Fringe Benefits: Part 8

Sandy Botkin
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Part 8: Employee Discounts

How would you like to be able to provide your employees with tax-free discounts on a wide range of products and services? Well, you can, and it’s easy to implement in any company of any size.

The term “qualified employee discounts” means giving your employees property or services that you normally provide to the public in your company’s ordinary course of business but you provide them at a discounted price to your employees. If you provide qualified employee discounts, the employees receive the property or services tax-free.

Example: Safe Cracking, Inc., runs a nationwide banking consulting service. If the company provides discounts on banking fees to its employees, this would be a qualified employee discount. However, if it purchases and distributes season’s tickets for the Redskins football games, this would not be a qualified employee discount because the company is not in the business of selling season tickets.

A company can provide discounts on any product or service that it offers to the public—with the following exceptions:

  • Stocks and bonds
  • Commodities
  • Real estate
  • Money

Sandy’s note: It’s too bad that Congress passed these exceptions. I would have loved to work for a currency house or a bank and get discounts on money. Wouldn’t you?

Limitations on Qualified Employee Discounts

Besides limiting discounts to qualified property, Congress has placed some limitations on the amount of the discount. As a result of some “tax simplification,” the rules vary depending on whether you’re providing services or property.

If you’re providing a service, such as a flight or legal service, you can allow up to a 20 percent tax-free discount.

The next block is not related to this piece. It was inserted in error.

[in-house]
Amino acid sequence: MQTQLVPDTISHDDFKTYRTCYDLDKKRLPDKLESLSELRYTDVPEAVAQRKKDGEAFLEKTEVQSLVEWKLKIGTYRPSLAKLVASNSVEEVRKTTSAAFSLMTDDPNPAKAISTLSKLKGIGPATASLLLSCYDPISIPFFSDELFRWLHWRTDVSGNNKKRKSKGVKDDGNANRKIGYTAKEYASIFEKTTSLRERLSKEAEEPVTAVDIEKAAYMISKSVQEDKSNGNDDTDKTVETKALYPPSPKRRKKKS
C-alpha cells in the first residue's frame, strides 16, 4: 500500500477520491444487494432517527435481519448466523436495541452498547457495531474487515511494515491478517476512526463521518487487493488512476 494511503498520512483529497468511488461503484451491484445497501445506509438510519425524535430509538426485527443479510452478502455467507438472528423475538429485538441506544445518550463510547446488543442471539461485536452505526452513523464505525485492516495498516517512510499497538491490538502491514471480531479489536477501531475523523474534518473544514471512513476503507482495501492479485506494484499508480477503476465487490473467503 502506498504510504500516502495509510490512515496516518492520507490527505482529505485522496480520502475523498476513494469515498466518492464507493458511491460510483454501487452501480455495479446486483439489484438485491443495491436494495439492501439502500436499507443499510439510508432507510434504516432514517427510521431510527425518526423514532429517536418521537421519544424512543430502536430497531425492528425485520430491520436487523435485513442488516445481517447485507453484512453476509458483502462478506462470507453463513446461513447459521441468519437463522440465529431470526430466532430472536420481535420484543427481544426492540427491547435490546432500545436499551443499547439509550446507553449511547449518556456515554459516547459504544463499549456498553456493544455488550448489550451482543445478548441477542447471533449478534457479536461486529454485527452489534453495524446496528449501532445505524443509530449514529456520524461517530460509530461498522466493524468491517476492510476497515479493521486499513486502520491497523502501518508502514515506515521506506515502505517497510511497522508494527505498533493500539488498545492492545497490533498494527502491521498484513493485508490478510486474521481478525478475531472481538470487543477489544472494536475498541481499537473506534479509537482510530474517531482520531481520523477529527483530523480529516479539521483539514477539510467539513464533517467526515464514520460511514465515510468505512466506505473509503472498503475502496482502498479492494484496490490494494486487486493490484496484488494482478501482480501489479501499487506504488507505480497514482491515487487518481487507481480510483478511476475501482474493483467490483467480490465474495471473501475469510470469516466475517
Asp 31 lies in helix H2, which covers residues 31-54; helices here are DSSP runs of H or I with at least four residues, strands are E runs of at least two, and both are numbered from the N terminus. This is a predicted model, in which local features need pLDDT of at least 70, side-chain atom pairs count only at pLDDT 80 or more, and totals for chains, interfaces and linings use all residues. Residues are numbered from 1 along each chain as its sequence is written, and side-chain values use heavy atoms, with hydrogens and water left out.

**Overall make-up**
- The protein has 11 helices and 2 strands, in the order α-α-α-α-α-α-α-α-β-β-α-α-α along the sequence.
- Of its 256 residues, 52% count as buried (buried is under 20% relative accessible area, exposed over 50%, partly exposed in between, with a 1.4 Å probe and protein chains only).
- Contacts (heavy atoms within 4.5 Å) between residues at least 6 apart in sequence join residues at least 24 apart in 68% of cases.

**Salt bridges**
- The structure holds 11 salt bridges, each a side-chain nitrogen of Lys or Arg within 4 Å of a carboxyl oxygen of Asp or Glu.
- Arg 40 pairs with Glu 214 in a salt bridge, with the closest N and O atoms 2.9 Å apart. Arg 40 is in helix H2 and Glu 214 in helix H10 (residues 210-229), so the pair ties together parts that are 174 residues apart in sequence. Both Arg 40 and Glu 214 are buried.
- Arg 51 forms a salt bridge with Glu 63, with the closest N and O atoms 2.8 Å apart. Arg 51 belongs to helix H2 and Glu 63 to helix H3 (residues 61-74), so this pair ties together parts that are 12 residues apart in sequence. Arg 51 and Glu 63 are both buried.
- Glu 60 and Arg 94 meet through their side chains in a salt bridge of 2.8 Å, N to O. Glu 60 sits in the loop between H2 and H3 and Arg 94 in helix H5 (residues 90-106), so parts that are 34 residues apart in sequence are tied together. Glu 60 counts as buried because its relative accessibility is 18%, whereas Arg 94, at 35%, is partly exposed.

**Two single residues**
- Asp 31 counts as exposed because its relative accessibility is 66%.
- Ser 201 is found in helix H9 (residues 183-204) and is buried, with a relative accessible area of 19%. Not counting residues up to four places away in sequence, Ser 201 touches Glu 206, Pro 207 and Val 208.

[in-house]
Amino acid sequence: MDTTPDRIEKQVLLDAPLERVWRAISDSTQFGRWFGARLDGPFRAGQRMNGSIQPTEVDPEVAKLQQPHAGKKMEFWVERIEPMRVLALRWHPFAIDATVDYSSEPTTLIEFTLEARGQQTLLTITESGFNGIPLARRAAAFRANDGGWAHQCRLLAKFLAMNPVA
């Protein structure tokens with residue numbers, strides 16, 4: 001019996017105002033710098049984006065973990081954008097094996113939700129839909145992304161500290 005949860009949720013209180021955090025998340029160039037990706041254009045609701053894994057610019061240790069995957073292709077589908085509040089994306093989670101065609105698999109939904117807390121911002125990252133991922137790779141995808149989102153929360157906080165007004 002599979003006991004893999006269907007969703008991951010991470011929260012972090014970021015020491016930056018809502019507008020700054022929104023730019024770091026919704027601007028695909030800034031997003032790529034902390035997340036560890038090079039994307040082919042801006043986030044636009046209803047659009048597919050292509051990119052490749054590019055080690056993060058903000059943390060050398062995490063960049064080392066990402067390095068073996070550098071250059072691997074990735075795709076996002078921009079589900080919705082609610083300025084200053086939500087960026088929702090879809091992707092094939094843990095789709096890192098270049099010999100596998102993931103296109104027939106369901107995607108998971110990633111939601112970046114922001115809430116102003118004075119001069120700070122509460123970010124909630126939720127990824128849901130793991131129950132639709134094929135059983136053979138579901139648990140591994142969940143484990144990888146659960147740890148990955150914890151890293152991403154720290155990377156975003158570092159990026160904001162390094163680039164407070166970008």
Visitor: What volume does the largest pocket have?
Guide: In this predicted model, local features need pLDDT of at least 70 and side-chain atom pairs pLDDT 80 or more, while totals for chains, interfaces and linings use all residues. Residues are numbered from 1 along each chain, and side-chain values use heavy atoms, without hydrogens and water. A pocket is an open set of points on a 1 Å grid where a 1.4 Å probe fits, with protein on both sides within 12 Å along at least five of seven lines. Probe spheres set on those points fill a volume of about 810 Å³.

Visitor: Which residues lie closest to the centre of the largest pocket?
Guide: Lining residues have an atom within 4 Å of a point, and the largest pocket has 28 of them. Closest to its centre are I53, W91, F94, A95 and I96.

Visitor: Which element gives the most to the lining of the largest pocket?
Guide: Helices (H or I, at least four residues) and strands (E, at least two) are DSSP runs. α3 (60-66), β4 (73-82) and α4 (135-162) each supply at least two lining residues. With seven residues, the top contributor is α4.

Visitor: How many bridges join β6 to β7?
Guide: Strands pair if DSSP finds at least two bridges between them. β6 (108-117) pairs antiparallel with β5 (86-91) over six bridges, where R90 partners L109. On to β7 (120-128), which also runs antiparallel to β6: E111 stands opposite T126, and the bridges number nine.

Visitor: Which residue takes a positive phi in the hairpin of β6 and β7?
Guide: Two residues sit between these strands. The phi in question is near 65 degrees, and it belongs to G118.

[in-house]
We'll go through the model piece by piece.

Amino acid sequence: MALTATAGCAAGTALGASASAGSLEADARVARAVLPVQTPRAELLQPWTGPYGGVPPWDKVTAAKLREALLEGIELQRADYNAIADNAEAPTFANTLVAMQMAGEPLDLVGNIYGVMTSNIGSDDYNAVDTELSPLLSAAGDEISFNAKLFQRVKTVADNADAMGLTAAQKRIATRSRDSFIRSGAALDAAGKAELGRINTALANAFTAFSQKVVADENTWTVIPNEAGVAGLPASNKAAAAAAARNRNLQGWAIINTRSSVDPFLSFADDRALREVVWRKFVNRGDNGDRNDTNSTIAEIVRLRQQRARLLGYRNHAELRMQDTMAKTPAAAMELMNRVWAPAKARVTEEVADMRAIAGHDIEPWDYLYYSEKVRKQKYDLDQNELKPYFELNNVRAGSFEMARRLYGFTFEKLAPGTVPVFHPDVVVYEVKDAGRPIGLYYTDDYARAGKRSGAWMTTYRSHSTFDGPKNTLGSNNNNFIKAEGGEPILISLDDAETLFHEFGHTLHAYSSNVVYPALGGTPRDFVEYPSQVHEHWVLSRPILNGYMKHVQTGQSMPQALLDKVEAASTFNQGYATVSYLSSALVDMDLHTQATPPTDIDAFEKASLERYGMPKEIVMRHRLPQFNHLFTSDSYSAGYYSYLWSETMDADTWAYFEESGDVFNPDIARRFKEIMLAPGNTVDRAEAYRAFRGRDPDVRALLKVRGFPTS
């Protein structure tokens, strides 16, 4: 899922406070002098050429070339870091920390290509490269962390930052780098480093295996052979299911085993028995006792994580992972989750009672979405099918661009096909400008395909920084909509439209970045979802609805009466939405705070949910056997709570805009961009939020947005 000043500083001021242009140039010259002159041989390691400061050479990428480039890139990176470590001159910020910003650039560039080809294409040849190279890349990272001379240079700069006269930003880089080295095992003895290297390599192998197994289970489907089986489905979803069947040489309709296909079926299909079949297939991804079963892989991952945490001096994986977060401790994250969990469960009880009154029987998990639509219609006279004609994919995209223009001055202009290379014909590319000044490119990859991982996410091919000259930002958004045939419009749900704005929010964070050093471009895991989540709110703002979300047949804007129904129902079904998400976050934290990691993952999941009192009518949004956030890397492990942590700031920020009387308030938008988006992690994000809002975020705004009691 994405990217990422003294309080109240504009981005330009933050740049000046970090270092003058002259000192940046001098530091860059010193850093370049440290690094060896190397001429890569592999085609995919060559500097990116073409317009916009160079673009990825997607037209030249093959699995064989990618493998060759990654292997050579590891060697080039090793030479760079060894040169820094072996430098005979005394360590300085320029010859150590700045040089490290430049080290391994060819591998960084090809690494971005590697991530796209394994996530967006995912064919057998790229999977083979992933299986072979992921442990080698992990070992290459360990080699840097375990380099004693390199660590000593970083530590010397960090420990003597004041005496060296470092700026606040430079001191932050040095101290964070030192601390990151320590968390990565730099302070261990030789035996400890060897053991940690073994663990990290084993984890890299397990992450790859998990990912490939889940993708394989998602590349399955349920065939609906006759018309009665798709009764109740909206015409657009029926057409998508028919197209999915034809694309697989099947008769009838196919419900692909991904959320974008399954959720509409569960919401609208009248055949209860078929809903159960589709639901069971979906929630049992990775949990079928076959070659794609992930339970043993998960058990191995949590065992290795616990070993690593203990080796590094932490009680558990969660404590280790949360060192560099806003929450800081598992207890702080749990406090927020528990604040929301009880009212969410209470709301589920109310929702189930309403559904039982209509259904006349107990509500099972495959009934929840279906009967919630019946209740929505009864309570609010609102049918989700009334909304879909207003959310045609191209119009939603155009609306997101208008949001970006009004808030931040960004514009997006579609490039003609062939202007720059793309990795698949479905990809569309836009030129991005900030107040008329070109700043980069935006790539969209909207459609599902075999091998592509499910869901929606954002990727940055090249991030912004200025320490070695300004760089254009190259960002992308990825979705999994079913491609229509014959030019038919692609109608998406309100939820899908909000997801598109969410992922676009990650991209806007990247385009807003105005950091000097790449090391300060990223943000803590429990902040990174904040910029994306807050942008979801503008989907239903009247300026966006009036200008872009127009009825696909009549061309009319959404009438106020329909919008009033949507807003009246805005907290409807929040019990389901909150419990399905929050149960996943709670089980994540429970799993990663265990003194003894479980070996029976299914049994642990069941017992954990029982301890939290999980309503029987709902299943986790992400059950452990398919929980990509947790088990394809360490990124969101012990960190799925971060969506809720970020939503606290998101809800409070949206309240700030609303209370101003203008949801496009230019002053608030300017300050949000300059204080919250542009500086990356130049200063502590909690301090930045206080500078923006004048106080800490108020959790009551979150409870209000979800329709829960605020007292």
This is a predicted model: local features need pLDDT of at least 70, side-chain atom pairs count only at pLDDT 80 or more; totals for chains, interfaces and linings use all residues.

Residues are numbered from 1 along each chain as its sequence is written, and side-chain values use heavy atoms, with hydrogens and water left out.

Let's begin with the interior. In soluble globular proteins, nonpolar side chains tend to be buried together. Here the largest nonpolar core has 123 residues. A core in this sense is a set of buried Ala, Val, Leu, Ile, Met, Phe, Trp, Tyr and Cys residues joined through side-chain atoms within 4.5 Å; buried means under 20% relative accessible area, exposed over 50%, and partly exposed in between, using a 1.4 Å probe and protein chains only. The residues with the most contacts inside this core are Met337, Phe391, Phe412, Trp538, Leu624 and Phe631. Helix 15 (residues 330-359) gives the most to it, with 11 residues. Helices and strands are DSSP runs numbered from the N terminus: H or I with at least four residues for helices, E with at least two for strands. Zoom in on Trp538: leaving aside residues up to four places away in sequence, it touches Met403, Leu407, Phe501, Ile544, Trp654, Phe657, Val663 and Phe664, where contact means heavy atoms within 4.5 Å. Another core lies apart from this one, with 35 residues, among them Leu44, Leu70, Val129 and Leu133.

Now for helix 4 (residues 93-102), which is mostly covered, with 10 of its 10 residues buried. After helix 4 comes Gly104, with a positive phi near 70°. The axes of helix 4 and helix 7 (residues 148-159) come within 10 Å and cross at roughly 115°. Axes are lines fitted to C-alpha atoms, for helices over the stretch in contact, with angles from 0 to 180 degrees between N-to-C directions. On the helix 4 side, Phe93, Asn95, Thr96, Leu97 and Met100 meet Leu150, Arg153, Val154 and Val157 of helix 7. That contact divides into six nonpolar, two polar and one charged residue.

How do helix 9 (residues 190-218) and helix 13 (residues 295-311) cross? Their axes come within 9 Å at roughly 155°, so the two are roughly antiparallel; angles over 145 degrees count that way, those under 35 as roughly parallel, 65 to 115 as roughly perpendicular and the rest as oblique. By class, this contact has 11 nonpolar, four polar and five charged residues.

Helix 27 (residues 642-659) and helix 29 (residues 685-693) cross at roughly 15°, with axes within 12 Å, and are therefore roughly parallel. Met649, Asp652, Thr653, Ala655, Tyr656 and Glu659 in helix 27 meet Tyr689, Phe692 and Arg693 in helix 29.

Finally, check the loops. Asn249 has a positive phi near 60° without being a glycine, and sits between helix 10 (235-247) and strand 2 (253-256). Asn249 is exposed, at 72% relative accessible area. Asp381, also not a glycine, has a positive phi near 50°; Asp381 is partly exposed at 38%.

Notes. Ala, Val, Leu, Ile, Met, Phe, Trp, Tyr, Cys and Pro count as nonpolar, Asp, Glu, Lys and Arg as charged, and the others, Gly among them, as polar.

Example: The law firm of Shaft & Shaft provides legal services to all its staff members at a discount. If the normal fees are $300 per hour, it can offer the legal services at a 20 percent discount, charging $240 per hour. If it offers these services for $100 per hour, the $140 “excess” discount would be taxable to the employee.

If your firm provides discounts on property, the amount of the discount can’t exceed the gross profit percentage. You might be wondering what this means! The gross profit percentage is the sale price minus the cost of the property. Thus, in effect, you can offer the property at your company’s cost.

Sandy’s note: Why Congress couldn’t use the term cost of the property instead of gross profit percentage is beyond me.

Example: IBM offers computers to its employees at a discount. If the normal price of a computer to customers is $2,000 but the profit that IBM makes on each computer is $500, the company can offer its computers to its employees at $1,500. Anything above this discount would be taxable to the employee.

Nondiscrimination Rules: In order to provide qualified employee discounts, you must offer them on a nondiscriminatory basis. You can’t give the discounts just to the officers and other highly paid individuals.

The Bottom Line: Qualified employee discounts can be a real benefit to companies and to their employees. They’re available, however, only for products and services normally provided to the general public. Also, if they are services, the discount is limited to 20 percent. If the discounts are for property, they’re generally limited to the gross profit percentage, which means that the employee can pay the cost of the property.

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